Dear GoMad Nomad:
My husband and I are going to England in two weeks. We have four days planned in London, but for the rest of the trip (6 days), we don’t really have plans. I’ve been reading books and trying to figure out what to do. Ideally, we’d like to take the train out to the country, visit some sites, etc. I was just wondering if you knew or had visited some off the beaten path places in England. We probably wouldn’t want to camp out too much, but stay in little inns, etc. With that said, we’d be up for camping maybe 1-2 nights if there was a particularly unique place.
-Erika, Louisville, KY
Yorkshire is a favorite of mine, whether you check out the city of York and its enormous minster and associated medieval history or the insanely delicious fish and chips and Abbey on the hill in the amiable seaside city of Whitby. It’s an especially good choice if you head out to the countryside.
It would probably be best to take the train up to York and then rent a car (a very small one, petrol is expensive) in order to drive around and see Yorkshire at your leisure, allowing you to stop at any random village in the countryside and enjoy a pint in the local pub or tea and scones at a café, or take a break to walk an inviting path along the famous stone walls on the edge of a sheep pasture. In the small market town of Masham you can taste the ales at two great breweries: Black Sheep and Theakston.
For National Parks, I would choose Yorkshire Dales over North Yorkshire Moors. I’m sure you could find plenty of camping in the area, although many will probably be private RV parks. I hear the Peak District is also worth visiting for some great hikes, but keep in mind it is the most visited park in England.
Further to the north from Yorkshire, are Durham and Newcastle, two cities that I’ve wanted to check out, but haven’t yet.
I might try and book your accommodation ahead because you will be traveling in high season. Of course, you could take your chances and just show up in some random villages and hope somebody has an open room.
If you wanted to avoid renting a car I would suggest, (and I know I’m all over the place now, far from Yorkshire) the Heart of Wales train line, which hits a number of villages and spa towns for 121 miles between Swansea and Shrewsbury through the middle of picturesque rural Wales.
I will admit, these suggestions certainly aren’t hard-core off the beaten path, but they are great places to visit and exploring the countryside, either in Wales or England will allow you to find your own off the beaten path favorites.
In terms of other cities in England, I’ve found Liverpool to be one of the most interesting because of its history, excellent (free) museums, and locals.
And if I were to return to England, I’d probably check out the Lakes District and Cornwall (the Eden Project might be your style or even volunteering at the Monkey Sanctuary if you had more time).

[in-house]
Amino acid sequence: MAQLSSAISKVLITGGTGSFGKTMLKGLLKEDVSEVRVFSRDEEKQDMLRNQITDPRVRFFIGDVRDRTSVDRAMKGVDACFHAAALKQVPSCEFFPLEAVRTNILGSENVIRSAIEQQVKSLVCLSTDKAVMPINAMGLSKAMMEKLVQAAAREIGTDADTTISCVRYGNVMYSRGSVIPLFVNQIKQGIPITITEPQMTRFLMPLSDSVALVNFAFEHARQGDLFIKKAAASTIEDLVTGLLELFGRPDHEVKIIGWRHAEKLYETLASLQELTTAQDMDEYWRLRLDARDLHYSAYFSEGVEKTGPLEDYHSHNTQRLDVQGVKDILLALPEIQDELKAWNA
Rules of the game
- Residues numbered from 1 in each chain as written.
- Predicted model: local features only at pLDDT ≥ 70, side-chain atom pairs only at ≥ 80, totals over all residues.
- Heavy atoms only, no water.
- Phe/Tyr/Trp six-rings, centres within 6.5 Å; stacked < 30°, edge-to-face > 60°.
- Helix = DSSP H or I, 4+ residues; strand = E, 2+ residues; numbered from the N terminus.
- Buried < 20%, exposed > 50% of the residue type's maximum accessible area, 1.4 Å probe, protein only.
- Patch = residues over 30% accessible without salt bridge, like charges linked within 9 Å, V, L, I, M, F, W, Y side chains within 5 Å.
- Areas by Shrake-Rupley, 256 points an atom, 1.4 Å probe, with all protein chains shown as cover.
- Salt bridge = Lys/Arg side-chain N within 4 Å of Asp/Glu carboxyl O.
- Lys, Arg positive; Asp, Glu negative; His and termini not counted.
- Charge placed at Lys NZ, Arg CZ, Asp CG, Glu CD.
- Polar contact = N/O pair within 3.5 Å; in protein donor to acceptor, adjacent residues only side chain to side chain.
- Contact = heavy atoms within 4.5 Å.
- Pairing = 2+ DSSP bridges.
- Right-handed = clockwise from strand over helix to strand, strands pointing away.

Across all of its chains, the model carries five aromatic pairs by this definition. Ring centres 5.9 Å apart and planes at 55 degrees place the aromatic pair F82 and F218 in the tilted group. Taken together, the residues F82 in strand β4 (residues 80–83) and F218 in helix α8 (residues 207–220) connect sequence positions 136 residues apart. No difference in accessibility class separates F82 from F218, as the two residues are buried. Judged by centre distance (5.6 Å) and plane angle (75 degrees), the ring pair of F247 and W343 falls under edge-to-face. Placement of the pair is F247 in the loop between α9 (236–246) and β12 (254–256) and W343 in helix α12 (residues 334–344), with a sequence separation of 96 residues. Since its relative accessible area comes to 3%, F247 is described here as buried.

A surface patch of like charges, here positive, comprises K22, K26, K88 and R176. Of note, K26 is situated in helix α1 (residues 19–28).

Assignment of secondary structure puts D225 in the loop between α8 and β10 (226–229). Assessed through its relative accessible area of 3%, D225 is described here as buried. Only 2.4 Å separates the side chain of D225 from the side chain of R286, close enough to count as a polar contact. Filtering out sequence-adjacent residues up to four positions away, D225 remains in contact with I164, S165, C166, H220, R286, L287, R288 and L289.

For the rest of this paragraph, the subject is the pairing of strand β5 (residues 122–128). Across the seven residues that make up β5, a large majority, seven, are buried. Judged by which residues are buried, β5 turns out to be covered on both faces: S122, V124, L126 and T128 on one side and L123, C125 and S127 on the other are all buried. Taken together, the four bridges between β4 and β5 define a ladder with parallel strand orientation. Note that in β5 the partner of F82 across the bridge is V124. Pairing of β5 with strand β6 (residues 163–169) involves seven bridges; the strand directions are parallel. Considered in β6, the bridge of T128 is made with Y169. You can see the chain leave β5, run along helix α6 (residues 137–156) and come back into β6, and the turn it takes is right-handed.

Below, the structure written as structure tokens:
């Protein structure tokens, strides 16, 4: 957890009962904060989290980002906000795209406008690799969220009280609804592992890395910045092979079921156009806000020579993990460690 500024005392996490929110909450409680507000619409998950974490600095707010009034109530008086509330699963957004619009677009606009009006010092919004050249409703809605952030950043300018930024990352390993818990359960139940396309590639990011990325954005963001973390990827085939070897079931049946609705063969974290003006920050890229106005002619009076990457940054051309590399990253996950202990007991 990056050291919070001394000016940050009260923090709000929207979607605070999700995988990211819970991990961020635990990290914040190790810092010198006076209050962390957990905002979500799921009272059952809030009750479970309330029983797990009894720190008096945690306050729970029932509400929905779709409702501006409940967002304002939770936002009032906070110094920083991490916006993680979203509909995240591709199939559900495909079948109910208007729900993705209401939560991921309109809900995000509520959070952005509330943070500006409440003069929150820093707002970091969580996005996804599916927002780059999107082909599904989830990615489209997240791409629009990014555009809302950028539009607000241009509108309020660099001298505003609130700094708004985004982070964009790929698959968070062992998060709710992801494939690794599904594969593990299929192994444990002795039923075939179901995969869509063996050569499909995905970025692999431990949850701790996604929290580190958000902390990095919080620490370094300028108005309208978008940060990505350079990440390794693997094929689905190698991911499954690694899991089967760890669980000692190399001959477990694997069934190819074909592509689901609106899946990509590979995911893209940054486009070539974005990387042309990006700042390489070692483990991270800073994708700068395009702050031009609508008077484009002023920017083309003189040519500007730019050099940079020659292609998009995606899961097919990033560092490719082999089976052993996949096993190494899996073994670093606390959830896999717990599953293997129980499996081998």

What are your favorite spots in England? Feel free to give Erika and her husband your own tips in the comments below.
4 thoughts on “Ask GoMad Nomad: The English Countryside in Six Days”
I found Oxford to be quite interesting. It is only an hour from London. You can catch a bus from Victoria station. Oxford is quite a vibrant college town. You can visit the different colleges and buildings they have which dates back a few centuries. (The writer of Alice in Wonderland was a teacher in one of the colleges and was inspired by the settings to write the story). You could go to one of the pubs and have a drink or go punting (boating) on the river. I think they have some B & B there – you can research on the internet as I haven’t been there for awhile to give an accurate recommendation.
Excellent suggestions so far to everyone! Take these and you already have a great itinerary. I would add that in Yorkshire – definitely check out the Yorkshire Sculpture Park in Wakefield and take GoMad Nomad’s suggestion and visit the sleepy fishing village of Whitby, most famous as the town where Dracula takes place, located in the North York Moors.
If you do happen to go to Liverpool – check out the bluecoat Gallery, the Walker Art Gallery and try to stay at least one night at the Hope Street boutique hotel. If you are a Beatles fan, or even if you’re not – you could also stay at the Four Days Night hotels, which is a Beatles-themed hotel. It’s not over the top, and the bar is fun.
Have a great time in England!
Bath Bristol Cheltenham Oxford Norwich London Liverpool York Edinburgh
Brighton Cambridge Norwich Harrogate Machynlleh Padstow
Cotswolds, Cornwall, Norfolk, Northumberland Coast, Derbyshire Dales,
Scotland (Esp. Isle of Skye) Snowdonia, Lake District, New Forest.
Take buses wherever possible such as National Express or Megabus. Trains are expensive. Hire cars are expensive.
Our main nationwide budget hotel chain is travelodge. travelzoo.co.uk is good for identifying deals.
Food has improved massively nationwide over the last £10 years. If you want cheap eats out head to Weatherspoon chain of pubs for a burger and a pint for £5. Failing that McDonalds is omni-present. Please note. Breakfast stops at 10:30.
Ps. Its not an english breakfast without black pudding!
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